Drew Ginn: an Olympian’s conscience

Drew Ginn

This has been an interesting week to be an Olympic sponsor, but nobody has more of a stake in the Games than the athletes. Drew Ginn, the Australian rower, put it into perspective on Monday when he responded to a comment on his blog on why he was going to Beijing:

“This is an opportunity for all of us to realise the World is bigger than our back yard. People live in different ways and countries have operated in different ways. The impact of the Games will have both positive and negative outcomes. Hopefully there’s more of the former occurring and what I do feel strongly about is that as an athlete I will perform in the spirit that the Games was intended.”

Carter made the decision to block American athletes from participating in the 1980 Moscow Games, and some good friends of mine had their lives seriously messed up by that decision to block them from competing because of Soviet geopolitics. Politics and sport don’t mix well, but they try, and the Olympics is the most political pulpit in sport.

So, as I try to make sense of it all, I read Drew’s most recent post, about a training ride on bicycles. It’s pretty powerful:

“With each pedal stroke I tried to maintain the unsustainable speed and bit by bit my heart was pounding and attempting to keep up with the demand. At this stage I realised I could not go any quicker but was resolved to keep my speed as high as I could and with this came the deep heaving breathes that were a final indicator of being right on the limit. The last section we caught the traffic lights and as we braked I had the wonderful sense of that strange dynamic between ecstasy and agony. A twilight zone of sorts and as we continued up to the meeting point the sheer bliss was remarkable. We all chatted away and made comments about the various things that took place and all of us where very much on the limit which is why we love going out for these types of rides.”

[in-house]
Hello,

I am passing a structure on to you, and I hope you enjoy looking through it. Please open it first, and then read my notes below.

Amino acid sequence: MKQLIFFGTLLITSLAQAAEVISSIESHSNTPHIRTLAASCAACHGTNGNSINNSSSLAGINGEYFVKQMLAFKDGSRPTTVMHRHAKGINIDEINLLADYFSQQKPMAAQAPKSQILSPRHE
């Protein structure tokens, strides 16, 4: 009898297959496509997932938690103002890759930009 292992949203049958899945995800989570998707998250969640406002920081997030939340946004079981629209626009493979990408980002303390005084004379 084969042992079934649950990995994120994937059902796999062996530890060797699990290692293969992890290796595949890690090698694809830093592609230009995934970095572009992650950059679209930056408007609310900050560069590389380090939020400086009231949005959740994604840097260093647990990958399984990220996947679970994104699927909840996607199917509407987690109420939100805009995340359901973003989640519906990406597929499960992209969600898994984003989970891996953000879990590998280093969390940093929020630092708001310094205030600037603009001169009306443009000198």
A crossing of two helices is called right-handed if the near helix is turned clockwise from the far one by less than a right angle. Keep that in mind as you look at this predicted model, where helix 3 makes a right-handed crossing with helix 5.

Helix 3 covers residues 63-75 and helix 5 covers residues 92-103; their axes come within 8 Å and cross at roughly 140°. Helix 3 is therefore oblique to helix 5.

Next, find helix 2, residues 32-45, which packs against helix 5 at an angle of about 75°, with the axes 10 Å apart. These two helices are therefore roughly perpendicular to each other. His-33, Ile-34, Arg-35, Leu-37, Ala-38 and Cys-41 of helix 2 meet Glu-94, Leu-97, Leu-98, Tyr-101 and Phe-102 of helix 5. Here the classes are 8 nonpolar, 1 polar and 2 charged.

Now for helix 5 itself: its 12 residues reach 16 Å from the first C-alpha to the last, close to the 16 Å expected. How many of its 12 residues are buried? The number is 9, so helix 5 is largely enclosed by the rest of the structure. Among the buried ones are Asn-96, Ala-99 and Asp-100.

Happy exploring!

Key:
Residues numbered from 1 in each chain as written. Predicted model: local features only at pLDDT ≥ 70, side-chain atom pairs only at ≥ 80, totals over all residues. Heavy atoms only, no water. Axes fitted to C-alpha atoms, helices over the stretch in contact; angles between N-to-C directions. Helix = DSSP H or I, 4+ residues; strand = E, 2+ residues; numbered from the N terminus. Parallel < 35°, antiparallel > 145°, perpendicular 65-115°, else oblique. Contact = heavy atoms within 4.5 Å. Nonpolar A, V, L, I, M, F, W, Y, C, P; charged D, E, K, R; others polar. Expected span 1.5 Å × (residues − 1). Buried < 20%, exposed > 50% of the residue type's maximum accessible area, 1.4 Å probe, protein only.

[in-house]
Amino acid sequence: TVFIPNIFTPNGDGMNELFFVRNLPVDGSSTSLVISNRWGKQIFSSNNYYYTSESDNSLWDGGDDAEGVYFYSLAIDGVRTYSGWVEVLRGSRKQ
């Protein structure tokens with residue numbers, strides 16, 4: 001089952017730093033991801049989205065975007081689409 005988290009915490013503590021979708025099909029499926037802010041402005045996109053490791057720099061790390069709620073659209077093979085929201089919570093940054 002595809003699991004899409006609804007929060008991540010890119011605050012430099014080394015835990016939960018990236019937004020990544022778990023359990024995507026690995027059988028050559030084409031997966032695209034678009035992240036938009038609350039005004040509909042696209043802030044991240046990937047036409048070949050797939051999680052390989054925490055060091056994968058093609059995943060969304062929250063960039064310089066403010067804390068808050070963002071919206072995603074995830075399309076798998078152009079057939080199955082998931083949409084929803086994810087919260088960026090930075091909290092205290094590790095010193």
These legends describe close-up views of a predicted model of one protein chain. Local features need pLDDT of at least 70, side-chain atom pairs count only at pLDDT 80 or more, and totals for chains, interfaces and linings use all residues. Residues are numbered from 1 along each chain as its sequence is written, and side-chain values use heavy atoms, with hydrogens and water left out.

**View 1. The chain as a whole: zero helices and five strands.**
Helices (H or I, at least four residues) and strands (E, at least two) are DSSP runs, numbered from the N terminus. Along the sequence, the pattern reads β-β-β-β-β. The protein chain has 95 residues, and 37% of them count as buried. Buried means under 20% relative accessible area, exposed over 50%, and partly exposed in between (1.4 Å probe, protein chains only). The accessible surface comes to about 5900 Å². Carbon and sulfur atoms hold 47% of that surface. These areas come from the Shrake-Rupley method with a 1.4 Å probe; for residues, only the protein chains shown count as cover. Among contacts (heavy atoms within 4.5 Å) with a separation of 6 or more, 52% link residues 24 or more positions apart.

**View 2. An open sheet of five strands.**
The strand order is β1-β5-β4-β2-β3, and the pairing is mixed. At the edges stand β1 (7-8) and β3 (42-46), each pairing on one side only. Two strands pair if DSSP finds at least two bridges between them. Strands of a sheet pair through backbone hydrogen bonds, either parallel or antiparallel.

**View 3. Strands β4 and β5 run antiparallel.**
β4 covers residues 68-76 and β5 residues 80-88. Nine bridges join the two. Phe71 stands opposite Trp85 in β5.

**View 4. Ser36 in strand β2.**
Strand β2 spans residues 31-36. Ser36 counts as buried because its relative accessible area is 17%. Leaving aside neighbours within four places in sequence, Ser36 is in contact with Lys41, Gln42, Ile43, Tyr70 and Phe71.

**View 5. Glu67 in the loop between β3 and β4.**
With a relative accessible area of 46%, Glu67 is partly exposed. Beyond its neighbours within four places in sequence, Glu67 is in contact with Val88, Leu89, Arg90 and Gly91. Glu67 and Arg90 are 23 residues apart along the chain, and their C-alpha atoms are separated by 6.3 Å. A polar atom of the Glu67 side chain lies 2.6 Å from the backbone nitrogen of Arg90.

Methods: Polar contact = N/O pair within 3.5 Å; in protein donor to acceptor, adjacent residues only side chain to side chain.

Author: David Churbuck

Cape Codder with an itch to write

0 thoughts on “Drew Ginn: an Olympian’s conscience”

  1. Oh ,,, the athletes. Remember them? While I respect the rights of anybody in any nation to peaceably protest (highlight on the word peaceably), I puzzle at the notion that somehow a boycott of the Olympic Games will somehow force any government to change their given stance on any given position. And quite frankly the groups that ripped the torch out of the hands of a torch-bearer in a wheelchair certainly hurt their own cause and not that of the Torch Run or the Olympic ideals.

    And who suffers in the end? The athletes. Those who trained for that most noble purpose of giving their all on the field of sport. I know in this day and age of doping and “professional amateurs” that’s it kind of corny to believe that the Olympics is pure, and I certainly don’t. But at least we can strive … and many, many of the athletes that choose to chase their particular sports dream don’t deserve to have that dream shattered because groups with their own nobles causes want to get in front of a camera.

    It’s effective, I guess. But it doesn’t punish the right people.

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